Particle physics is often seen as a field that deals with esoteric and abstract concepts that have little bearing on everyday life. However this has been, and continues to be, far from the truth.
In 1930 in Berkeley, California, Ernest O. Lawrence, the father of particle accelerators, built the first cyclotron, and it could be held in one hand. Much larger, more powerful accelerators soon followed, with Lawrence often using them to produce medical isotopes for research and medical applications. In 1938, Lawrence’s mother became the first cancer patient to be treated successfully with cyclotron-generated particles. Now, physicians around the world regularly use particle beams to diagnose and treat millions of patients, saving lives.
Other common applications today owe their existence to particle physics. The superconducting wire and cables at the heart of magnetic resonance imaging (MRI) magnets make accurate medical diagnosis and staging of disease follow-up possible. And the wiring and infrastructure that create today’s most critical information space—the World Wide Web—are applications with origins in particle physics as well. Even the study of the behavior of fluids and fuel flow has been greatly advanced by particle detector technology.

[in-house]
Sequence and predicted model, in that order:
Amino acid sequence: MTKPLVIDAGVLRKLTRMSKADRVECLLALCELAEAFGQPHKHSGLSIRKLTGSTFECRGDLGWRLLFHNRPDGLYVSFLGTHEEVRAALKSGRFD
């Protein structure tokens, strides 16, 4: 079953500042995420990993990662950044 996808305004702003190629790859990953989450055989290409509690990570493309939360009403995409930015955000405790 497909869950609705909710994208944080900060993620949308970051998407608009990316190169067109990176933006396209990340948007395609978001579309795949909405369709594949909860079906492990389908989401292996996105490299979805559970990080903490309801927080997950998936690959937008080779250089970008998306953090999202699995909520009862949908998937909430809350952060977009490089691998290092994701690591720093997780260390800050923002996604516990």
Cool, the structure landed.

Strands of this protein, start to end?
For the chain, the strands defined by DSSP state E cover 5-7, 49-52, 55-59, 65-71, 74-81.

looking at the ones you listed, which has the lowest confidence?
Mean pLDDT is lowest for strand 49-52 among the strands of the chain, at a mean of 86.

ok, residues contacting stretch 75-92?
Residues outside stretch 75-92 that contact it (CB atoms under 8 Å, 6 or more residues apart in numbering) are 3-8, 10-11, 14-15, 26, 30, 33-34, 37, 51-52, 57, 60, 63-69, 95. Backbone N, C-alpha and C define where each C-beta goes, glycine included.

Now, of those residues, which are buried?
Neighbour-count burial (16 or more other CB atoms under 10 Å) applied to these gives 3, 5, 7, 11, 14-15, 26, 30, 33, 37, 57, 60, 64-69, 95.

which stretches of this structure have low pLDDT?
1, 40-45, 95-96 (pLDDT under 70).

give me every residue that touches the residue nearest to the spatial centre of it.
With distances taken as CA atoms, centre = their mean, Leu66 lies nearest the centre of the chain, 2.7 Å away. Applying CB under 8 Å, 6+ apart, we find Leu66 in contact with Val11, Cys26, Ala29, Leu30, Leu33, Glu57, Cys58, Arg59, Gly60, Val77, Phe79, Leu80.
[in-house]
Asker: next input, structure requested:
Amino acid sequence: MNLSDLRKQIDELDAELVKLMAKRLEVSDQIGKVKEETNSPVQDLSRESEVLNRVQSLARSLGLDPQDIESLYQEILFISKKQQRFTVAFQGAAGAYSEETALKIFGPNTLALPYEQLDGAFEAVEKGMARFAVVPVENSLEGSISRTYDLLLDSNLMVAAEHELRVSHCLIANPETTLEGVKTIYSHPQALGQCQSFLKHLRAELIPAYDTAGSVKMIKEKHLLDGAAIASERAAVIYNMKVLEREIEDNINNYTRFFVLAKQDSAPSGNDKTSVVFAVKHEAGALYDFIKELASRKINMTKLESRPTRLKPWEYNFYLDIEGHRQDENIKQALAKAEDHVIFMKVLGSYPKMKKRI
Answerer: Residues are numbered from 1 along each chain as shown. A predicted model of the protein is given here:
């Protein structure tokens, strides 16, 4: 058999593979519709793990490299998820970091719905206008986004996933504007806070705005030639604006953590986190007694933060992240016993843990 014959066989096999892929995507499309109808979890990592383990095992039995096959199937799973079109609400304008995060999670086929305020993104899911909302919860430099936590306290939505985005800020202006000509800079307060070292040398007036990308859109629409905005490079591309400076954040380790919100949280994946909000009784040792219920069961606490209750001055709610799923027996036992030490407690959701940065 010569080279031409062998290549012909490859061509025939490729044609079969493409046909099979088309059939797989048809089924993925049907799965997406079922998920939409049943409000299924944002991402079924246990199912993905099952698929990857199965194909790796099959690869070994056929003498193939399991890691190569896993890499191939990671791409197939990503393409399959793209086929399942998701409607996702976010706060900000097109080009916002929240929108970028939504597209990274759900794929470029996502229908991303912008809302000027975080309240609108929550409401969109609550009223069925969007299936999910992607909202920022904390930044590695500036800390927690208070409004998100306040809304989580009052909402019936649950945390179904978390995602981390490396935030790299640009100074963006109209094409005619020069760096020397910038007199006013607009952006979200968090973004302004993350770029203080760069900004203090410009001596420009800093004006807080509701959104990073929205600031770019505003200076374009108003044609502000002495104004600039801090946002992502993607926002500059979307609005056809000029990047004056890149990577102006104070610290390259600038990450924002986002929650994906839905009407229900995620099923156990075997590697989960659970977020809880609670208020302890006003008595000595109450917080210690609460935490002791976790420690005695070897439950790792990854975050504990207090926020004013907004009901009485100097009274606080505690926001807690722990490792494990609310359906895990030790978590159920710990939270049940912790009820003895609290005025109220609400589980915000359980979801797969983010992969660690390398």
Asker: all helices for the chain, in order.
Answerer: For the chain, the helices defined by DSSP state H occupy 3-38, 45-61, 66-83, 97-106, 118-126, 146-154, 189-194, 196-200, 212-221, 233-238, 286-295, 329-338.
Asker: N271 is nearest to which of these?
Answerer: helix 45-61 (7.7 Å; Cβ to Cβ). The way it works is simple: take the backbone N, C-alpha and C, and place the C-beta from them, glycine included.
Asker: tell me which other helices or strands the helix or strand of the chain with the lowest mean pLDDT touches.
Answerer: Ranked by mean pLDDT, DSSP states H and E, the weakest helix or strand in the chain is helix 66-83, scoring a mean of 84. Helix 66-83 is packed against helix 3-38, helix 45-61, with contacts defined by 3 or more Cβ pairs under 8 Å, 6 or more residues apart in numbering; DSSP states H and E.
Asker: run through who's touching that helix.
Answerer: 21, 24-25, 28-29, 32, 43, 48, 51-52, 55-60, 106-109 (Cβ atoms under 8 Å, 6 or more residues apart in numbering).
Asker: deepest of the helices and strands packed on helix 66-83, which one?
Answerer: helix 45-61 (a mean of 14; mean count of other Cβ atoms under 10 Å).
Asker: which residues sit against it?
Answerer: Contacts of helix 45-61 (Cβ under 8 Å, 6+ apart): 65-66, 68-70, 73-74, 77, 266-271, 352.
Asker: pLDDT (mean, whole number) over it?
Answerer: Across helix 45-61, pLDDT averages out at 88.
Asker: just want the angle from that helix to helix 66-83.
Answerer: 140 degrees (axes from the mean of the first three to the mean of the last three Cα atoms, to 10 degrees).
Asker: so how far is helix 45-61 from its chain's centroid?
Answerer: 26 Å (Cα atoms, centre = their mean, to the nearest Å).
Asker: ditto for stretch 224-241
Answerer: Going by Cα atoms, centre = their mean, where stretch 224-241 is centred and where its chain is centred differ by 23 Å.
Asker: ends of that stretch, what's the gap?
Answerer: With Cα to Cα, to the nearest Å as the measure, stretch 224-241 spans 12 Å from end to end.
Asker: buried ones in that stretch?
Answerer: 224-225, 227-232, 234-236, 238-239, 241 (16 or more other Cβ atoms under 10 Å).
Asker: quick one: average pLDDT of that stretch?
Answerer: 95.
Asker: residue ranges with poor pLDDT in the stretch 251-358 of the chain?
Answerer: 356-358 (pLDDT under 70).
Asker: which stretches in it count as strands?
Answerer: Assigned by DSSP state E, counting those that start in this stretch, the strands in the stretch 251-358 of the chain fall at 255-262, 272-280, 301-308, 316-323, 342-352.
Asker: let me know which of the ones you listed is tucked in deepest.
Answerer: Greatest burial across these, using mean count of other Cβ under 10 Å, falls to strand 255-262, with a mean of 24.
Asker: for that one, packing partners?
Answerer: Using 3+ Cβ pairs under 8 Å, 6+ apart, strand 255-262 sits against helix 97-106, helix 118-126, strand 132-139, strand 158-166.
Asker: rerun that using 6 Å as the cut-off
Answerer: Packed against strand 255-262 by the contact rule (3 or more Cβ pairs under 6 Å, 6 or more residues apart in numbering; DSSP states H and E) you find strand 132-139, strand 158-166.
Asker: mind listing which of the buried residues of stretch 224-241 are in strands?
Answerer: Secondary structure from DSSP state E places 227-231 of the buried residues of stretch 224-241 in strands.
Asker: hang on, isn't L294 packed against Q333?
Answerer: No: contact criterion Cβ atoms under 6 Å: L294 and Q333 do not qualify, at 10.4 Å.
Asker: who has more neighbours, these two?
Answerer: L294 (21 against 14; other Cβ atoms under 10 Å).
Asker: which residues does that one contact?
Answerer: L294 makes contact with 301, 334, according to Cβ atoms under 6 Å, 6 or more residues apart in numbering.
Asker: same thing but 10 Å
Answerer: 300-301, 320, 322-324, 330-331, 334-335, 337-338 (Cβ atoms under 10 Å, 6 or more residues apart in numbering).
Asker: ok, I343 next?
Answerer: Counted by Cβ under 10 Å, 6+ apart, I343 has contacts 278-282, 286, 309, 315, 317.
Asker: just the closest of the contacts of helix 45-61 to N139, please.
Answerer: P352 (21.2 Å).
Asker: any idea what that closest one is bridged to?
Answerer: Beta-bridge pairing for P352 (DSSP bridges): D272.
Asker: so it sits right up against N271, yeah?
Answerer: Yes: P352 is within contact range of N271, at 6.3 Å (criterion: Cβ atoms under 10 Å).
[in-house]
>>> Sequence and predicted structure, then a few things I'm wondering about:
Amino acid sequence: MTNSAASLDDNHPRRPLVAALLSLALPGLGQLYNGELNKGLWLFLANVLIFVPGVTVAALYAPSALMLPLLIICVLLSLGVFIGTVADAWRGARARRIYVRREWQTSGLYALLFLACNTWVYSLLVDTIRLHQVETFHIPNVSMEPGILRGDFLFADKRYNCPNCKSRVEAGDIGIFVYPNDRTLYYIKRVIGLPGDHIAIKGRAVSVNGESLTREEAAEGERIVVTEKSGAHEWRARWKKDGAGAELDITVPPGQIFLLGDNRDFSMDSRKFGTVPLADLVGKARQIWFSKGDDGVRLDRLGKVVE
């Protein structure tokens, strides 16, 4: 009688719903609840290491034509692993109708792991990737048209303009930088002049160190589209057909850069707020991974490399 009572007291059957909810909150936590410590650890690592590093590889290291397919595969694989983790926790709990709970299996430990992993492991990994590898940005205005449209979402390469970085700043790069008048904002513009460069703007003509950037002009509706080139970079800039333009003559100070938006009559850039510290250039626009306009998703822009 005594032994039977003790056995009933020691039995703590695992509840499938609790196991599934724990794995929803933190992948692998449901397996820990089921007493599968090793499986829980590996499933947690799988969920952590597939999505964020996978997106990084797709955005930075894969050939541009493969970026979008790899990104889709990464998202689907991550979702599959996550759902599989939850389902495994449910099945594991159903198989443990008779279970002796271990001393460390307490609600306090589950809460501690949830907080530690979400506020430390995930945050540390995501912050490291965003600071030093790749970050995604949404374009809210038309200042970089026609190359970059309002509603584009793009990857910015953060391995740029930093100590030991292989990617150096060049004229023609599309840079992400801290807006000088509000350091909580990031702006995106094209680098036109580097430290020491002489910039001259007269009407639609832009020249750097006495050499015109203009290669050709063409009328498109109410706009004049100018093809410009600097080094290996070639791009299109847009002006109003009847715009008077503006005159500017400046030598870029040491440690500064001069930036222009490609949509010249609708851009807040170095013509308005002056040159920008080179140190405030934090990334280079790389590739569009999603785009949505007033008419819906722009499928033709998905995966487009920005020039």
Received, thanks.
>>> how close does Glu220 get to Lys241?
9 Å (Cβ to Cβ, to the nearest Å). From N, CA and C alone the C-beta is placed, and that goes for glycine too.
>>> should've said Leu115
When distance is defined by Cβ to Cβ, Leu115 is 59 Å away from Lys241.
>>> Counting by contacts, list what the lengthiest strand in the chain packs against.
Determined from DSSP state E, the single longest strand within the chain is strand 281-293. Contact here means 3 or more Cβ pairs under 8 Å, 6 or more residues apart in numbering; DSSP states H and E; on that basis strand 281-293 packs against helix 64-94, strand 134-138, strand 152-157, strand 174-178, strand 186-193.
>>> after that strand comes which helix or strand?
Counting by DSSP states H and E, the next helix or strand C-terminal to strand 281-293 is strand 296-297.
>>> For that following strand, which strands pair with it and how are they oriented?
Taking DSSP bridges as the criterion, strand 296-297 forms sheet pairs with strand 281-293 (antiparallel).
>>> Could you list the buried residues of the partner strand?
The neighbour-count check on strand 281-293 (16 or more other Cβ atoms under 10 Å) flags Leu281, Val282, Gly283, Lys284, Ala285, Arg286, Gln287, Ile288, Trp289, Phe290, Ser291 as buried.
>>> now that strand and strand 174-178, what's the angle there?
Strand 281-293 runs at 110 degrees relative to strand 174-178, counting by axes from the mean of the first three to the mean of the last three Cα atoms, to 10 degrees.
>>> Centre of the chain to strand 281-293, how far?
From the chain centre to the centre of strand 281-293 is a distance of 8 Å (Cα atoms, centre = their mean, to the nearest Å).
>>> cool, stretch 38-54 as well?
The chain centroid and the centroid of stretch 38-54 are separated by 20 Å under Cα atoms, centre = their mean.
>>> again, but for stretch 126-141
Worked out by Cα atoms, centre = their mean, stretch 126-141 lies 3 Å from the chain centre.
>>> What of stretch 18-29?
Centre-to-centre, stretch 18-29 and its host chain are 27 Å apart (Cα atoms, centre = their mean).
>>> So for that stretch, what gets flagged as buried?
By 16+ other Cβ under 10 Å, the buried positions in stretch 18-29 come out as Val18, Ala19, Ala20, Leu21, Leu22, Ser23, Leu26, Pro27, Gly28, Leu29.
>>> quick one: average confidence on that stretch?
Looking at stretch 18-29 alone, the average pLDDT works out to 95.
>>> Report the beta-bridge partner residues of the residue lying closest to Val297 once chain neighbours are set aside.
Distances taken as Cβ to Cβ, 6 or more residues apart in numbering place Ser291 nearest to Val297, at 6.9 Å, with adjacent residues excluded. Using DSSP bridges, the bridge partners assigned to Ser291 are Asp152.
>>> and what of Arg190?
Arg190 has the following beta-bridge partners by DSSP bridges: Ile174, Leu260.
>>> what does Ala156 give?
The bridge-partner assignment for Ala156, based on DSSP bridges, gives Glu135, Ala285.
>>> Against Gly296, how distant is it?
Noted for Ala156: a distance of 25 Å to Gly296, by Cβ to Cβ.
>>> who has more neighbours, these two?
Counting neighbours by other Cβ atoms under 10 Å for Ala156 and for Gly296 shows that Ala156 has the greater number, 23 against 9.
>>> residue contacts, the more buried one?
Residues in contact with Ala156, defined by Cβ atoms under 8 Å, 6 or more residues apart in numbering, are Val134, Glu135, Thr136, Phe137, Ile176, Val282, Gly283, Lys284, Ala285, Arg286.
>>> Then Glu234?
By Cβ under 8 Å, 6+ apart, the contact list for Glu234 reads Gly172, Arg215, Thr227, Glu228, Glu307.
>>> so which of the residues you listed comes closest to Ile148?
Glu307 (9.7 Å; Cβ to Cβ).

There are many other examples of practical applications that were developed with significant contributions from particle physics—from homeland security and food safety to nuclear waste management. A list of these can be found here.
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